Doron questioned the perception that forcing children to wear masks is okay. She said it is beneficial to encourage children to exercise outside, even in hot weather, which is more difficult with a mask. Children who are hard of hearing or have social development challenges may need to see facial expressions in order to communicate. Requiring universal masking also makes it harder to distinguish between high-risk and low-risk situations, so it may make more sense to save masking for times and places where it is most needed – indoors or when the number of cases is high.
Doron said she frequently hears parents who “still have a ton of fear” around COVID. But, she said, “We don’t want fear-based decision making. We want science-based decision making.
Fisher advises families to think about their individual circumstances. If adults in a family are vaccinated, unmasking a child outside poses a very low risk to anyone. Reuniting indoors with another family when all adults are vaccinated is also low risk. But if a family member is immunocompromised, has a chronic illness, or is not vaccinated, it increases the risk of various activities.
“It’s not a clear answer,” Fisher said. “We know the risk is low, but the risk is still not zero.”
Fisher said he was encouraging families to take advantage of the summer to get outside, where the risk of transmitting the virus is lowest, and to let children go to camp and play in parks. “Even though on the whole, the children were not the ones who contracted a serious illness, they suffer from the lack of in-person schooling, the lack of the ability to socialize,” said Fisher.
Madhavan said she advises families to think about where the activities are taking place and with whom. Playing in a park is safer than eating out. Walking along a street is safer than attending a crowded concert. Visiting a family where adults are vaccinated is safer than going to an indoor public space, where the vaccination status of others is unknown. The risk for immunocompromised children is greater than the risk for healthy children.
“It’s not great, get back to normal, but really think about activities that would both benefit your mental health and make you feel like you’re getting closer to normal while being aware of the ever-present risk,” Madhavan said.
One question is whether the newly emerging COVID variants are more likely to harm children than the original virus. So far, Malley said, the variants have been shown to be more easily transmitted to adults and children. But there is no strain that causes more virulent illness in children.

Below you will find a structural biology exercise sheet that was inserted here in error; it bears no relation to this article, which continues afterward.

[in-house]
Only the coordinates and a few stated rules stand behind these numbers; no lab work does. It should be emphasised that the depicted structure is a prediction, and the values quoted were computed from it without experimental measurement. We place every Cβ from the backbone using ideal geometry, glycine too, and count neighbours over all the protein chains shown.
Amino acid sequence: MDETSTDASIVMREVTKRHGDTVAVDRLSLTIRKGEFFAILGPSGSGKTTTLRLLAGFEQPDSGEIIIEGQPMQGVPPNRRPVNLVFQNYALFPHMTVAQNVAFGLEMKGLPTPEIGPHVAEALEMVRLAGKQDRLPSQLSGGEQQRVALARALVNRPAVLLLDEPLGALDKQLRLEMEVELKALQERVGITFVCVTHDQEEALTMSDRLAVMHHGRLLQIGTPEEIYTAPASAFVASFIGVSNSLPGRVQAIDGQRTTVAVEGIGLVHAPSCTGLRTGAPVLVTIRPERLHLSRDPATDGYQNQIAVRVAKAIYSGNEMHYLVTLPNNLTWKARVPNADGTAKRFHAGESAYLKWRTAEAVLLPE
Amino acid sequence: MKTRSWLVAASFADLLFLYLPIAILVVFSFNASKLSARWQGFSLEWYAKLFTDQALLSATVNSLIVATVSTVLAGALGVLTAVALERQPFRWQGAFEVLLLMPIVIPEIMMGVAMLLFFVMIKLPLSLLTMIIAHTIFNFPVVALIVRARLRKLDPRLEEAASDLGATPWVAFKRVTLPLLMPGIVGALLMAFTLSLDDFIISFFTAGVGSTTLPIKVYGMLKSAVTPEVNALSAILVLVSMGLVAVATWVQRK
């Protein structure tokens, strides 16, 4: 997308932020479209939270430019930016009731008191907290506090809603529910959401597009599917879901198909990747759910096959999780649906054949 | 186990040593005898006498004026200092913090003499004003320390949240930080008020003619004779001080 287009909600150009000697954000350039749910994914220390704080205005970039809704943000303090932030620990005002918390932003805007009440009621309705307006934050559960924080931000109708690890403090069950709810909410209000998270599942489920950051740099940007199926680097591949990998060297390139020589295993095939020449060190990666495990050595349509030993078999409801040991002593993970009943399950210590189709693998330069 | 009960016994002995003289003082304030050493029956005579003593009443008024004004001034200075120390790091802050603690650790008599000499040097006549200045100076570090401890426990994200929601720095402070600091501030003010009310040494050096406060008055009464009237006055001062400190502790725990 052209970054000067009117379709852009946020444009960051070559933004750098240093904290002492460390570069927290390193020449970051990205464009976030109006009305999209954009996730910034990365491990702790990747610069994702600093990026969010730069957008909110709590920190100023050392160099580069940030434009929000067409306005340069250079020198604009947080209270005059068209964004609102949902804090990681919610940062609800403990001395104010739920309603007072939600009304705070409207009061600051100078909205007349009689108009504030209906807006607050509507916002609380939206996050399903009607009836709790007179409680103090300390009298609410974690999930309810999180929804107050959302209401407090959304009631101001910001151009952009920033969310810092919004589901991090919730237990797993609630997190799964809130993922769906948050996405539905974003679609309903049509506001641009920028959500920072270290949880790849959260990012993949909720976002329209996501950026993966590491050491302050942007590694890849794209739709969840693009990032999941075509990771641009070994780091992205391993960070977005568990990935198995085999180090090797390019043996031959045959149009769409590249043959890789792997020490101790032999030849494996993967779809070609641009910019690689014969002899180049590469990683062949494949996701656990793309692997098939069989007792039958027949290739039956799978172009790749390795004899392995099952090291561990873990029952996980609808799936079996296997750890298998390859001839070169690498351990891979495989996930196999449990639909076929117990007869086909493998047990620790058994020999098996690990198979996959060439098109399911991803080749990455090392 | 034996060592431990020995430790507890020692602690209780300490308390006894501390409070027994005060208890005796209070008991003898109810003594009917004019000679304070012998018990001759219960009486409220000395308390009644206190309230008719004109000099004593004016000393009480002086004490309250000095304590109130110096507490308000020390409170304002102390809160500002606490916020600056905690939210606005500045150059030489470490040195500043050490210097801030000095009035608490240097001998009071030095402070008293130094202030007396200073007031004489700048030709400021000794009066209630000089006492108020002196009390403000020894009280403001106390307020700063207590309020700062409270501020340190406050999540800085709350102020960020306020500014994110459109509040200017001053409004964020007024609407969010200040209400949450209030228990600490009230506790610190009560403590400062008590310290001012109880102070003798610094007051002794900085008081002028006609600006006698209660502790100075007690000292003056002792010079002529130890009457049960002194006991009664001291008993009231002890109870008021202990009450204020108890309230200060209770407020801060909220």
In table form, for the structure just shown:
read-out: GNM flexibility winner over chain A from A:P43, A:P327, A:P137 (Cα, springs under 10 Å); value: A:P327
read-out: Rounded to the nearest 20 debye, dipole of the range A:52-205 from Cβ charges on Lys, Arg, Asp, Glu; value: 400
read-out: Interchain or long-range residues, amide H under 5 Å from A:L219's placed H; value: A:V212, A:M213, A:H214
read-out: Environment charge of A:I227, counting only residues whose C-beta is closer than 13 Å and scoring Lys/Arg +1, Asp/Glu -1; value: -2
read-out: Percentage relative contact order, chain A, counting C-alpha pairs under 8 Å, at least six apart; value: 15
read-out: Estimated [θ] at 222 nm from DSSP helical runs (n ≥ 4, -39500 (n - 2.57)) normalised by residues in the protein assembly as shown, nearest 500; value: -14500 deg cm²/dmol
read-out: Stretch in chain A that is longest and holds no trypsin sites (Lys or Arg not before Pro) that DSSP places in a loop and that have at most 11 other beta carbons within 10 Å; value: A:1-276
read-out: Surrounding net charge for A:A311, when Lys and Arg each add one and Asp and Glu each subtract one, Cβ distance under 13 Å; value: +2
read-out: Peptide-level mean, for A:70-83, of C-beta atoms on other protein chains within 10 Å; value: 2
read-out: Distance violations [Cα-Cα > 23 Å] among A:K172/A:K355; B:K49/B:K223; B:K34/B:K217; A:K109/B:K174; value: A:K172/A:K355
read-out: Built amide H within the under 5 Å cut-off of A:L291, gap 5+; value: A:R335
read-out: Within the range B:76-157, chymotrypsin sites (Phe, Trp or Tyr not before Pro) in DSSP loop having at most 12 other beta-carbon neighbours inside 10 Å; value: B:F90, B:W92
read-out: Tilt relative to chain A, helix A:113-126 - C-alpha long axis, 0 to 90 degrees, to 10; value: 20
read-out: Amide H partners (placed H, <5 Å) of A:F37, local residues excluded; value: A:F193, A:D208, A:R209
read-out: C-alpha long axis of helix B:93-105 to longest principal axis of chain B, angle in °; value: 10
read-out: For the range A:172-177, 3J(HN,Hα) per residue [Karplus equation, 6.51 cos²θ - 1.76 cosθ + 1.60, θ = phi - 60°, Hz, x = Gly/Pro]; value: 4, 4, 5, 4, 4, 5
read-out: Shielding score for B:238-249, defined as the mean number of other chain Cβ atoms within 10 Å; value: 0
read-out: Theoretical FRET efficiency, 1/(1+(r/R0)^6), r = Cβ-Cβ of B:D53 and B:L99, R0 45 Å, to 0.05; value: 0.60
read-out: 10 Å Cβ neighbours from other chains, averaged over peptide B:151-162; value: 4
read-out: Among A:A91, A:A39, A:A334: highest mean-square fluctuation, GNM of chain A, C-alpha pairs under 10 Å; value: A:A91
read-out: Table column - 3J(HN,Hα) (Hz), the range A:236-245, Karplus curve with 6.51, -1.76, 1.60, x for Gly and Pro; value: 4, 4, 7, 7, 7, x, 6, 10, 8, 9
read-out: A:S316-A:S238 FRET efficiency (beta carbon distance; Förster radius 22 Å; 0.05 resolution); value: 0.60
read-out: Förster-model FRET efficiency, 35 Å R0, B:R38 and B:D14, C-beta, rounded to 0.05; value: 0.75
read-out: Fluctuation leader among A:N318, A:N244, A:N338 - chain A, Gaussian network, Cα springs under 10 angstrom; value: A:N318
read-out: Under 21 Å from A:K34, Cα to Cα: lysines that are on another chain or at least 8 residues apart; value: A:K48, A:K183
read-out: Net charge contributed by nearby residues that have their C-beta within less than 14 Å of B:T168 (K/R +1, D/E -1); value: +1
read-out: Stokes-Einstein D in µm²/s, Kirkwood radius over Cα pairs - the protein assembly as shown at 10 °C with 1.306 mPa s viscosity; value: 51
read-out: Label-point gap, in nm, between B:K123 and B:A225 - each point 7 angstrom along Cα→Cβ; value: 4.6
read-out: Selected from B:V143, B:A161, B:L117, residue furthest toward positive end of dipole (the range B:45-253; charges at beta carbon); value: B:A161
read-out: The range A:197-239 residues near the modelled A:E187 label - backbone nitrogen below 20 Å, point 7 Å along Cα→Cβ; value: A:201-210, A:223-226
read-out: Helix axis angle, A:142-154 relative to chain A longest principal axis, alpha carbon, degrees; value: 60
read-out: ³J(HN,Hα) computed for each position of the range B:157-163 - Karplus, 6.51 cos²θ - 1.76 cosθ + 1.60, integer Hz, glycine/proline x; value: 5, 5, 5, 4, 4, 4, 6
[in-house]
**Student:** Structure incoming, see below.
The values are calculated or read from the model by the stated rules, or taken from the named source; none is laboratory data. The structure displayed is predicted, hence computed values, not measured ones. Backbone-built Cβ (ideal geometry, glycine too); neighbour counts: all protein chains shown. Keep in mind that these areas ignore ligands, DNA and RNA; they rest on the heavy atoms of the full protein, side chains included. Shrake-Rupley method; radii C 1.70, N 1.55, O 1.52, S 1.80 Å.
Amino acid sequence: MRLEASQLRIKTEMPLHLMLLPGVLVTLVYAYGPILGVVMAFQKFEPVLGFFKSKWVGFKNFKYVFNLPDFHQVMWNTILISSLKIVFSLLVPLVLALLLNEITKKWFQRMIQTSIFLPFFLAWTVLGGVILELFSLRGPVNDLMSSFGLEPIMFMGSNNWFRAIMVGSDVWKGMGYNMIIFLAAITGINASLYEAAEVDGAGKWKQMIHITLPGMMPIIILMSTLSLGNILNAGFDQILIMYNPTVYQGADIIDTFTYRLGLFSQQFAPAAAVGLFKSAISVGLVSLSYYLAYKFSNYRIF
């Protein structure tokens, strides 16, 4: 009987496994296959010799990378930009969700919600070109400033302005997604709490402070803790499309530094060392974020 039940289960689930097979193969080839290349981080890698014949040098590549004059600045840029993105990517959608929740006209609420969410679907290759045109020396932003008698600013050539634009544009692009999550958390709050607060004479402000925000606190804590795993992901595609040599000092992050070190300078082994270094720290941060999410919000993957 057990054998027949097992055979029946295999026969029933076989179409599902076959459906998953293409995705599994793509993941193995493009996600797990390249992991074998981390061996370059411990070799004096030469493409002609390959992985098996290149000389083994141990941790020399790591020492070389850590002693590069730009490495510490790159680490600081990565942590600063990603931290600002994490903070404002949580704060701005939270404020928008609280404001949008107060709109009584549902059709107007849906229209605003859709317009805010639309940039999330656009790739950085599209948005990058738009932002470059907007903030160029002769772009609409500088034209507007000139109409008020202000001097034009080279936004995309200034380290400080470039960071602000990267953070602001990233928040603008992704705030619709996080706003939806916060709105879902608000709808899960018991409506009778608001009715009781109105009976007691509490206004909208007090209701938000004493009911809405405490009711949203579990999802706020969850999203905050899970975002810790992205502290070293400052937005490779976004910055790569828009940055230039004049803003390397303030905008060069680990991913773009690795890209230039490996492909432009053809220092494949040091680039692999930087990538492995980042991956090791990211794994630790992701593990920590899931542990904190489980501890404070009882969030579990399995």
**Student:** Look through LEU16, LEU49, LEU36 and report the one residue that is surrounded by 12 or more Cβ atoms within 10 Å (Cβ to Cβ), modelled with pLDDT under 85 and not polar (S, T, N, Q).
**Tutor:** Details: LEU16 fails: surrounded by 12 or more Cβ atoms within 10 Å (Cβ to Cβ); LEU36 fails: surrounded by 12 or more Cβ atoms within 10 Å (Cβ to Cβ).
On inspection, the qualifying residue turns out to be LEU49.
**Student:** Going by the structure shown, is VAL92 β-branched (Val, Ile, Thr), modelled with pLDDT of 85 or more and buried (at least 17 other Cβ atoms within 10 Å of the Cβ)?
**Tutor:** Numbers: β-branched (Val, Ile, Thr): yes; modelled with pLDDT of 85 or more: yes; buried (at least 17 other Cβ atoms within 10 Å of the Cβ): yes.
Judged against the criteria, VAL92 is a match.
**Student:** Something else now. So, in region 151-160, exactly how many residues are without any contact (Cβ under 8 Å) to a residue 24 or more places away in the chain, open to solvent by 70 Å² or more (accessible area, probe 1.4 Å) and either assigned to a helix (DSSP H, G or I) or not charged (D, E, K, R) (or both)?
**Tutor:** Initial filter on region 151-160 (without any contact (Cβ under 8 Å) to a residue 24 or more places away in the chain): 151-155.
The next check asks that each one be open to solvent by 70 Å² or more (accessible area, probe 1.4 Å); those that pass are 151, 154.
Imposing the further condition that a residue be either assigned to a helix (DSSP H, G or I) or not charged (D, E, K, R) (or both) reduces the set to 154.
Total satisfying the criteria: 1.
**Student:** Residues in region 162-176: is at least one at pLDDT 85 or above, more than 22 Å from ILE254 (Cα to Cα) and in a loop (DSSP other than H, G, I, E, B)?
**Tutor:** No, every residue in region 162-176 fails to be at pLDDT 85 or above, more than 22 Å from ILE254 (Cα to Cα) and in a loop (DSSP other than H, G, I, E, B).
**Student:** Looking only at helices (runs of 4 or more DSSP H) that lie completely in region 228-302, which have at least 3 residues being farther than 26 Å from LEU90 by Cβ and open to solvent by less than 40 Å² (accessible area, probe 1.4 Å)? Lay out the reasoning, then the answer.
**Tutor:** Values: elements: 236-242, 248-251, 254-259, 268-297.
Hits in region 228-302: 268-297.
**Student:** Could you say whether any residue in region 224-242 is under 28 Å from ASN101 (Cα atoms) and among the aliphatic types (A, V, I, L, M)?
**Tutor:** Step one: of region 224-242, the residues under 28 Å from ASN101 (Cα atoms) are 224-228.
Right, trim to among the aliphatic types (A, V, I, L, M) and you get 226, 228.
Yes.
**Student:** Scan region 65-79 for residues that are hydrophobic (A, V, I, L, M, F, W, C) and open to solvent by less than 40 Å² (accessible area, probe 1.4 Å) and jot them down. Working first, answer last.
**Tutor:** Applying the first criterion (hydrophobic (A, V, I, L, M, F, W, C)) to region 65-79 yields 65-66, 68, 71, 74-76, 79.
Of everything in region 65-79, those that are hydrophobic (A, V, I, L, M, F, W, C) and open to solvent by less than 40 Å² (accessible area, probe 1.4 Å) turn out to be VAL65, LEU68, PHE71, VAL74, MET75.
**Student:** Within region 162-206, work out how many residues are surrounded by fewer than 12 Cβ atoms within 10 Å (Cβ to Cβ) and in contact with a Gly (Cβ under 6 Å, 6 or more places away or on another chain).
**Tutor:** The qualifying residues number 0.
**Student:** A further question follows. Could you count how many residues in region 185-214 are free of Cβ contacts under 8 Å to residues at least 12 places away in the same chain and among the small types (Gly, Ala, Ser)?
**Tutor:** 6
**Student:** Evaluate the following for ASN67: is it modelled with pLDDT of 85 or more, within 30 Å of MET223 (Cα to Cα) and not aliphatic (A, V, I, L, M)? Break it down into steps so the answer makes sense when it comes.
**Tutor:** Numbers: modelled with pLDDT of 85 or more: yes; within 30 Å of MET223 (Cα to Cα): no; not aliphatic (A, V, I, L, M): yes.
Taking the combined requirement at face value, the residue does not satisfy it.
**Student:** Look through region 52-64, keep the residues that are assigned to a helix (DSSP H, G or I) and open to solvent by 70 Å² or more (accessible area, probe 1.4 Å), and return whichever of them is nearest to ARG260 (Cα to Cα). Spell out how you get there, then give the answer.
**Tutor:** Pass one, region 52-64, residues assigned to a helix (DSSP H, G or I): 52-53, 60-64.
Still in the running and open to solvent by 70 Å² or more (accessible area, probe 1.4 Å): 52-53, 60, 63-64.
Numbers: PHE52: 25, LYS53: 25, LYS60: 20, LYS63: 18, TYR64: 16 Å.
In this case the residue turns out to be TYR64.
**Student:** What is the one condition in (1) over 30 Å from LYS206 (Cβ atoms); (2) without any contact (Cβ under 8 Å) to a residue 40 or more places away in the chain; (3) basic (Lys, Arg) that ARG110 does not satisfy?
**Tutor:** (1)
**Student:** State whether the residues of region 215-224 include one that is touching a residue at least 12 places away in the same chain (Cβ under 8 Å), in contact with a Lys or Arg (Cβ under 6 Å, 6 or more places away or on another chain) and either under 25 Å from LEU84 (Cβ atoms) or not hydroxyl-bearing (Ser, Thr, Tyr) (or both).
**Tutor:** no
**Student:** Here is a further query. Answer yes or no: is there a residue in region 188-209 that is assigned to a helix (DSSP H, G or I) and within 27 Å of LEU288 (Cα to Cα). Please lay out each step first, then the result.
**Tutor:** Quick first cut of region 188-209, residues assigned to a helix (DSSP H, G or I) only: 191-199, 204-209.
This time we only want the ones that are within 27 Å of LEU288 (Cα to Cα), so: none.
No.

Data showing that a higher proportion of cases occur in children does not necessarily reflect an increase in childhood illnesses, but a decrease in cases in adults as more adults are vaccinated. And Doron said studies have shown that all three COVID vaccines approved in the United States are effective against existing variants.
At the societal level, the more people vaccinated, the less likely COVID-19 is to spread. But Malley noted that some countries have had extraordinary success in crushing the virus even without immunizing children. Israel is the most frequently cited example of a country with high adult vaccination rates and an extraordinarily low number of cases, even though schools are open and children under 12 are not vaccinated. The UK also has a low spread of COVID, likely due to its strategy of spacing out the first and second vaccine doses by 12 weeks, allowing more people to get their first doses sooner.
“You can imagine a scenario where by the time the vaccine becomes available for very young children, there are so few diseases circulating that the value for money is really very low,” said Malley.
Rebecca, a Cambridge scientist who declined to give her last name, said she was waiting for the number of cases to drop dramatically or for her two and six-year-olds to be vaccinated to stop restricting their behavior. At this time, she does not let her children travel on planes or do indoor activities, even though she and her husband are vaccinated. Rebecca, when interviewed at a playground, said her priority was keeping her children healthy and being able to attend daycare and school.
“We’ve gotten used to it over the last 15 months so it’s pretty easy to keep going, especially now that the weather is nice,” she said.